Trying to post rationalise one's personal taste is one of the most pointless tasks imaginable. And yet people keep on doing it. Imagine if people did the same ridiculous thing with colour. "Oh you like blue, how unsophisticated. The subtleties of the more complex fuchsia are far superior, I imagine you must have had very plain walls in your home growing up and your ignorant parent wore grey"  Roll Eyes

Your statement regarding Rumsfeld and 'known unknowns' is possibly even more ironic than your sentence of mangled grammar. Which is a remarkable achievement, not one to applaud though.
Oh and Mozart, the classical composer I am probably the least 'ignorant' about, is the one I really cannot stand. Too many notes indeed.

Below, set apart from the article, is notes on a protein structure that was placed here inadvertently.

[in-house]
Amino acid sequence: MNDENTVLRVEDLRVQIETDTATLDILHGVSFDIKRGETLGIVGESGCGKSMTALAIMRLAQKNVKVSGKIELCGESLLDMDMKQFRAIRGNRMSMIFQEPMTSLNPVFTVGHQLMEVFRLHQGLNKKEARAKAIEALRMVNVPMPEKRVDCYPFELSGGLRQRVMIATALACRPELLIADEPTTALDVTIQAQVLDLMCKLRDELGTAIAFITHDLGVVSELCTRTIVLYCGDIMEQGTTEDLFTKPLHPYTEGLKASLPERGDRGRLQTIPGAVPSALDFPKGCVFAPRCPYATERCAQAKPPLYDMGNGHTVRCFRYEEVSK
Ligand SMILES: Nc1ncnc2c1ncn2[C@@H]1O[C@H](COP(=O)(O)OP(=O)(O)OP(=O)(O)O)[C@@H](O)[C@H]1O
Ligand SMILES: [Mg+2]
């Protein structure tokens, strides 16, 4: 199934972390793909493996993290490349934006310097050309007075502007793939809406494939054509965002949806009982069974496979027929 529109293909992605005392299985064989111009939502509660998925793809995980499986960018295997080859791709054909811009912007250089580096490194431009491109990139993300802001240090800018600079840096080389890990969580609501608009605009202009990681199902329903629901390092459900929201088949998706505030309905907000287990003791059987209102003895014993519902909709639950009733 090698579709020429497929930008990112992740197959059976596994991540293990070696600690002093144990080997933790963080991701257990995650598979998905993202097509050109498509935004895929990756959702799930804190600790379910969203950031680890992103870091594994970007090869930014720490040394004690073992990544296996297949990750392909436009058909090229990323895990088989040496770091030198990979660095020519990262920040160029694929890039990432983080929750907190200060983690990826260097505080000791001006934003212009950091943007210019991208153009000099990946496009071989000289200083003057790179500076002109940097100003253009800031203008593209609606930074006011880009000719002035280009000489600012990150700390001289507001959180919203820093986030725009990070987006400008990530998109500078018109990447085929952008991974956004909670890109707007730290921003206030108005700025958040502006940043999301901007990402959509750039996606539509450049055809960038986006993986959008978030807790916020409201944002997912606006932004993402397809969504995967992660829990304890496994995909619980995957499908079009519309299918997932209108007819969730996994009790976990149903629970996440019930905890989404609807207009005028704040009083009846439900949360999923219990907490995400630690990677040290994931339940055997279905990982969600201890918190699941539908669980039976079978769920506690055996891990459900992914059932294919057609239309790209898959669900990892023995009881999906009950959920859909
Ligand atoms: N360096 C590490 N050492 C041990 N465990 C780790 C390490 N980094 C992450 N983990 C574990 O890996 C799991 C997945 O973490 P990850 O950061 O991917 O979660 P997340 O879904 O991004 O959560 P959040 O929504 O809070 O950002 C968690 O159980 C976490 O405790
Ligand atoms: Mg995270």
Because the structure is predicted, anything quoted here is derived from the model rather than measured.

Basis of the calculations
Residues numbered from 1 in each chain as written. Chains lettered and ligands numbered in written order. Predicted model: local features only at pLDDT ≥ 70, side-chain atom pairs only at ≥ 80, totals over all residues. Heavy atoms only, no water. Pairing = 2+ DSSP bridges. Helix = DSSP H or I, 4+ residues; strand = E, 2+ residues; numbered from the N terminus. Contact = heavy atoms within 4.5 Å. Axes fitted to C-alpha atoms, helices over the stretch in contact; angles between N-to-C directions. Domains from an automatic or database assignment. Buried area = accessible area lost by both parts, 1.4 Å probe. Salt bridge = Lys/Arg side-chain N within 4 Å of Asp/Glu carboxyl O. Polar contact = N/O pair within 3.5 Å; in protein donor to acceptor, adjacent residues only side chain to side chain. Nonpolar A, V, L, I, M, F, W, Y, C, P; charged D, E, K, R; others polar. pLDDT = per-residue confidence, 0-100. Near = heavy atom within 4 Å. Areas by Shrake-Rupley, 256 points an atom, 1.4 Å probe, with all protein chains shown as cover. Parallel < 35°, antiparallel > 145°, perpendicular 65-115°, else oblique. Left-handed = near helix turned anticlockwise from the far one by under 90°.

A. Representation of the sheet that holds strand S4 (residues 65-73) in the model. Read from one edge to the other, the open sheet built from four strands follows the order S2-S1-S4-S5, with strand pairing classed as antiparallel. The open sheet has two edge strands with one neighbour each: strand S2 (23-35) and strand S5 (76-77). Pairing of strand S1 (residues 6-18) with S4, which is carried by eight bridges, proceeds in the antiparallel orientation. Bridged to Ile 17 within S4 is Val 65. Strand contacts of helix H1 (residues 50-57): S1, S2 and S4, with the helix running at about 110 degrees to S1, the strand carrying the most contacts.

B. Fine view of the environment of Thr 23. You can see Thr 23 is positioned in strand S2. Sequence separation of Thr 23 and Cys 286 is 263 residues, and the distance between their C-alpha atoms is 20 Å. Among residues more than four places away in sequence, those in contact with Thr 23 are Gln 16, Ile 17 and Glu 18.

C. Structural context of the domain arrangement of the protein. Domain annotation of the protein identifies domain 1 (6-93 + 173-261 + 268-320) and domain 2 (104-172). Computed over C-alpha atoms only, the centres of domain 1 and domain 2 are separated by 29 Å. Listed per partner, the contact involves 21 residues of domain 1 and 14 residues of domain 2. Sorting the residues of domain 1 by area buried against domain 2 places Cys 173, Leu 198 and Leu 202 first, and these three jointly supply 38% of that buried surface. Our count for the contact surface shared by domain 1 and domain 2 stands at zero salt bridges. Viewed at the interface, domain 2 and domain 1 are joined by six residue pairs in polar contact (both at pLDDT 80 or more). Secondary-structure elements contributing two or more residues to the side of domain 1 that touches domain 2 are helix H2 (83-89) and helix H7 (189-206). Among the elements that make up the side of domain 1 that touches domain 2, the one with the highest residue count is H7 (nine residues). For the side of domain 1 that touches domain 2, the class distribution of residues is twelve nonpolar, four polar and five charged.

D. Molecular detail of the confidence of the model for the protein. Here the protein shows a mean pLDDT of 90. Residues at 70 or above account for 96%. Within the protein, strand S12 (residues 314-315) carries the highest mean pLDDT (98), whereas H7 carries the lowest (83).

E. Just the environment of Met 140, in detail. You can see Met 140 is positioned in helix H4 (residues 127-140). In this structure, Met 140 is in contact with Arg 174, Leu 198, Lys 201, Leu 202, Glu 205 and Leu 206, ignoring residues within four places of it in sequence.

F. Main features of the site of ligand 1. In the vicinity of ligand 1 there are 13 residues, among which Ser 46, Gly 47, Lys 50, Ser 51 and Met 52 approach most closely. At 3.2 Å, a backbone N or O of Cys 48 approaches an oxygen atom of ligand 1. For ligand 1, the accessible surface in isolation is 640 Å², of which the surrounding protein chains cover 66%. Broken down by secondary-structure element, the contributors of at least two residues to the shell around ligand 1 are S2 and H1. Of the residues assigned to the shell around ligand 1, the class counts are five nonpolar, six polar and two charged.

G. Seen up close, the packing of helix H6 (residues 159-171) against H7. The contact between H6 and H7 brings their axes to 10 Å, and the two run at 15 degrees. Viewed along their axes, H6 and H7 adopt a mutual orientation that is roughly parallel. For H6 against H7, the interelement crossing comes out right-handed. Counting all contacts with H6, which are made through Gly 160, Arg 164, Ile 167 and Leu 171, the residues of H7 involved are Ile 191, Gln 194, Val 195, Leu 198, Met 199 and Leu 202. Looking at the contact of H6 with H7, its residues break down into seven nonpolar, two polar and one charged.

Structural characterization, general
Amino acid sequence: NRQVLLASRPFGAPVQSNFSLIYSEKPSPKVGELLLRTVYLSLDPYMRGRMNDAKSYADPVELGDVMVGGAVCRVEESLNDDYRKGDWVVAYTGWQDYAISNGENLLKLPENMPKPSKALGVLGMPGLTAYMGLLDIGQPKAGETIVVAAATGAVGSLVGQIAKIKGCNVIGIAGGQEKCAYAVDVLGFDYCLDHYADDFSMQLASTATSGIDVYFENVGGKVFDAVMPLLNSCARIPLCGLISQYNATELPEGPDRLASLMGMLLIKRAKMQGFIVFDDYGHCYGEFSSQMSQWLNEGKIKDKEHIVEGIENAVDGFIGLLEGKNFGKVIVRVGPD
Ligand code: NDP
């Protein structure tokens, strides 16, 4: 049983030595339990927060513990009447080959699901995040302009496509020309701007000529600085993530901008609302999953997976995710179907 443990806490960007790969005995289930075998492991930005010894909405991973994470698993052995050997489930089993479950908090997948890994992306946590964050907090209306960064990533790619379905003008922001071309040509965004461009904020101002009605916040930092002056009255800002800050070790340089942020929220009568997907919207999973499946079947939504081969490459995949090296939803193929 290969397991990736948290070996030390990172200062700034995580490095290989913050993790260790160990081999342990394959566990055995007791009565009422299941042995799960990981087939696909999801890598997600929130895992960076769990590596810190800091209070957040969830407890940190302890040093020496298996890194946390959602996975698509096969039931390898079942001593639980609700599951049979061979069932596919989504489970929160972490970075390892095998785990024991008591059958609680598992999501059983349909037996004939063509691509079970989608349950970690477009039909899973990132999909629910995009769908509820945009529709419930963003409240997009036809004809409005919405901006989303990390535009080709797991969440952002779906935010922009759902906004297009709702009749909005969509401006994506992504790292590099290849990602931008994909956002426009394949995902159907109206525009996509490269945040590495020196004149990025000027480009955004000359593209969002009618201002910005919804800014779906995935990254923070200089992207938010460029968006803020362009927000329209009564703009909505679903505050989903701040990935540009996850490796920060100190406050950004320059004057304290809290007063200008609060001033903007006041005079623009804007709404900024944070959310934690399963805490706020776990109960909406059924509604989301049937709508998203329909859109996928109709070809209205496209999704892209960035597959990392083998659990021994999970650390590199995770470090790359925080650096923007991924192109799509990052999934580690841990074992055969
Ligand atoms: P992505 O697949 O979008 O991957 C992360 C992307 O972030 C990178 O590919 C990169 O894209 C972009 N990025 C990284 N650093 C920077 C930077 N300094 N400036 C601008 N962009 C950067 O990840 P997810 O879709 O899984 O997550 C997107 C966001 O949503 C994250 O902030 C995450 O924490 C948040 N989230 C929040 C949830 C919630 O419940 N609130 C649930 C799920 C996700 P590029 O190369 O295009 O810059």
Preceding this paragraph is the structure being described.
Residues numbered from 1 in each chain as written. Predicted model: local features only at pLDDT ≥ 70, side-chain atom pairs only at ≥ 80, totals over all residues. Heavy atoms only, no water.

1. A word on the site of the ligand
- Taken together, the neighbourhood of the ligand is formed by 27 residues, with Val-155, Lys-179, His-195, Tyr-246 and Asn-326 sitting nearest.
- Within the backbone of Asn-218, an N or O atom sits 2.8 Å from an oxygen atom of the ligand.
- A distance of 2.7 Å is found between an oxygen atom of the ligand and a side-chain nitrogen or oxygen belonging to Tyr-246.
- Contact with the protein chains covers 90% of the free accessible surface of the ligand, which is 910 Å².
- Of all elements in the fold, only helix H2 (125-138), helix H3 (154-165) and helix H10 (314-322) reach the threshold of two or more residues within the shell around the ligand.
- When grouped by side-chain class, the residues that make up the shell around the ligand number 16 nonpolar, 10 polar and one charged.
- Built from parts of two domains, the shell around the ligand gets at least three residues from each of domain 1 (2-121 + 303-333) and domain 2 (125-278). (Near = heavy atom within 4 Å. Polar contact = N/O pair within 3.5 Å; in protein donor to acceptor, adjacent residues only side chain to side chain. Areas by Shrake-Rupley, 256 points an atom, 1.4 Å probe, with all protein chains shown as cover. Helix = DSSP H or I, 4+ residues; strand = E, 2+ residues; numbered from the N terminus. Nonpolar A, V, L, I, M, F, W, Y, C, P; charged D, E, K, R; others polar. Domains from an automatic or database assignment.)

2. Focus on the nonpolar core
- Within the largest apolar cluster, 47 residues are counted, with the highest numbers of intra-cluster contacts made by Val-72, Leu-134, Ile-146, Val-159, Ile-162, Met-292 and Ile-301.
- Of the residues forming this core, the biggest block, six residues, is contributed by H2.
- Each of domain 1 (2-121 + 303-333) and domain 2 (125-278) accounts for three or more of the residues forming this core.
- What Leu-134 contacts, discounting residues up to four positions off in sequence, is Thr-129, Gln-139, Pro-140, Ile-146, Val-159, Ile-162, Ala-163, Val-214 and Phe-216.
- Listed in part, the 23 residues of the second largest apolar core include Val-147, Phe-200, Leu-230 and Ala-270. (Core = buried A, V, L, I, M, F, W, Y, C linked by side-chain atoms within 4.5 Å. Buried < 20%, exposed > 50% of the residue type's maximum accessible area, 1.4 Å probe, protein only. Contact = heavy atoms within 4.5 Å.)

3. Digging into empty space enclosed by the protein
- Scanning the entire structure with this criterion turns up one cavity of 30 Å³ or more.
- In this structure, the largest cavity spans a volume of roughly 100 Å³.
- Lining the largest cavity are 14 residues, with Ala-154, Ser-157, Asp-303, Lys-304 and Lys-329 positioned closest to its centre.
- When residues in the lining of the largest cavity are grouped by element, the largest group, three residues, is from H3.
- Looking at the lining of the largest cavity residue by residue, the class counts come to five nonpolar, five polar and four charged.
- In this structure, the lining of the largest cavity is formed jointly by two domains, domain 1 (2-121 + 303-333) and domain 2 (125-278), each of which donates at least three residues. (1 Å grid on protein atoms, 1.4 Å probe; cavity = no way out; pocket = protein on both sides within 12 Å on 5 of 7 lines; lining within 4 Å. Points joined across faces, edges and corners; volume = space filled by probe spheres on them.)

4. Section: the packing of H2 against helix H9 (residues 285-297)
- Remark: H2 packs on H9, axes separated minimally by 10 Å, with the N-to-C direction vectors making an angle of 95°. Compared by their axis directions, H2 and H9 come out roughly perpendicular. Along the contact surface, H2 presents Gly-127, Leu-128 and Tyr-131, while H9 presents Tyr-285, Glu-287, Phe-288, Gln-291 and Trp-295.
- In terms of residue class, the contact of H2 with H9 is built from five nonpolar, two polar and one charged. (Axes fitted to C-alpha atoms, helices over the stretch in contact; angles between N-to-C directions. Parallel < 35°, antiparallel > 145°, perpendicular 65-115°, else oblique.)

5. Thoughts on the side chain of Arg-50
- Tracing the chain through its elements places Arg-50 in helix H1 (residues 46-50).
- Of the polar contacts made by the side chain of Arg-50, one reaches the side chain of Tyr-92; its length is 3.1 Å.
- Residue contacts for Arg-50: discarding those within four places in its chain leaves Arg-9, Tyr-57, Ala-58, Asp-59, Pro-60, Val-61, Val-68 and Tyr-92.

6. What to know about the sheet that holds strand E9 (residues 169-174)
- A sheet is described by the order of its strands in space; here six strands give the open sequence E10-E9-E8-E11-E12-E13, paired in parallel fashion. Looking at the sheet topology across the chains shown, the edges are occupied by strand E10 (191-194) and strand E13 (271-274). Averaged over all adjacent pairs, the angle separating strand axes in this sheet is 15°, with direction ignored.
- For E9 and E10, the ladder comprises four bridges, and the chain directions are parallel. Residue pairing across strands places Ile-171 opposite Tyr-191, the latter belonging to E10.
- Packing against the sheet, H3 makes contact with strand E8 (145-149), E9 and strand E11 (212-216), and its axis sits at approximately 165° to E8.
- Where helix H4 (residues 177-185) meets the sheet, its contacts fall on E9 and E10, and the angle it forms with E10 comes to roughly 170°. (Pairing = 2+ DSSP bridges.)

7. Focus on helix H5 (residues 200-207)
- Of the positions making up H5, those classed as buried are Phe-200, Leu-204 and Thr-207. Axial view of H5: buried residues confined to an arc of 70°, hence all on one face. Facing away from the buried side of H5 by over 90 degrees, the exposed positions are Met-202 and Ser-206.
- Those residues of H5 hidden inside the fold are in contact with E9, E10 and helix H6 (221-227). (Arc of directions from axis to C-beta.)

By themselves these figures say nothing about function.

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mezzoduomo
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« Reply #78 on: November 12, 2013, 06:00:32 AM »
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The only thing missing now is Floyd Davidson.
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« Reply #79 on: November 12, 2013, 06:14:03 AM »
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Not lacking pointless, smart arse comments though are we.

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Tradition is the Backbone of the Spineless.   Futt Futt Futt Photography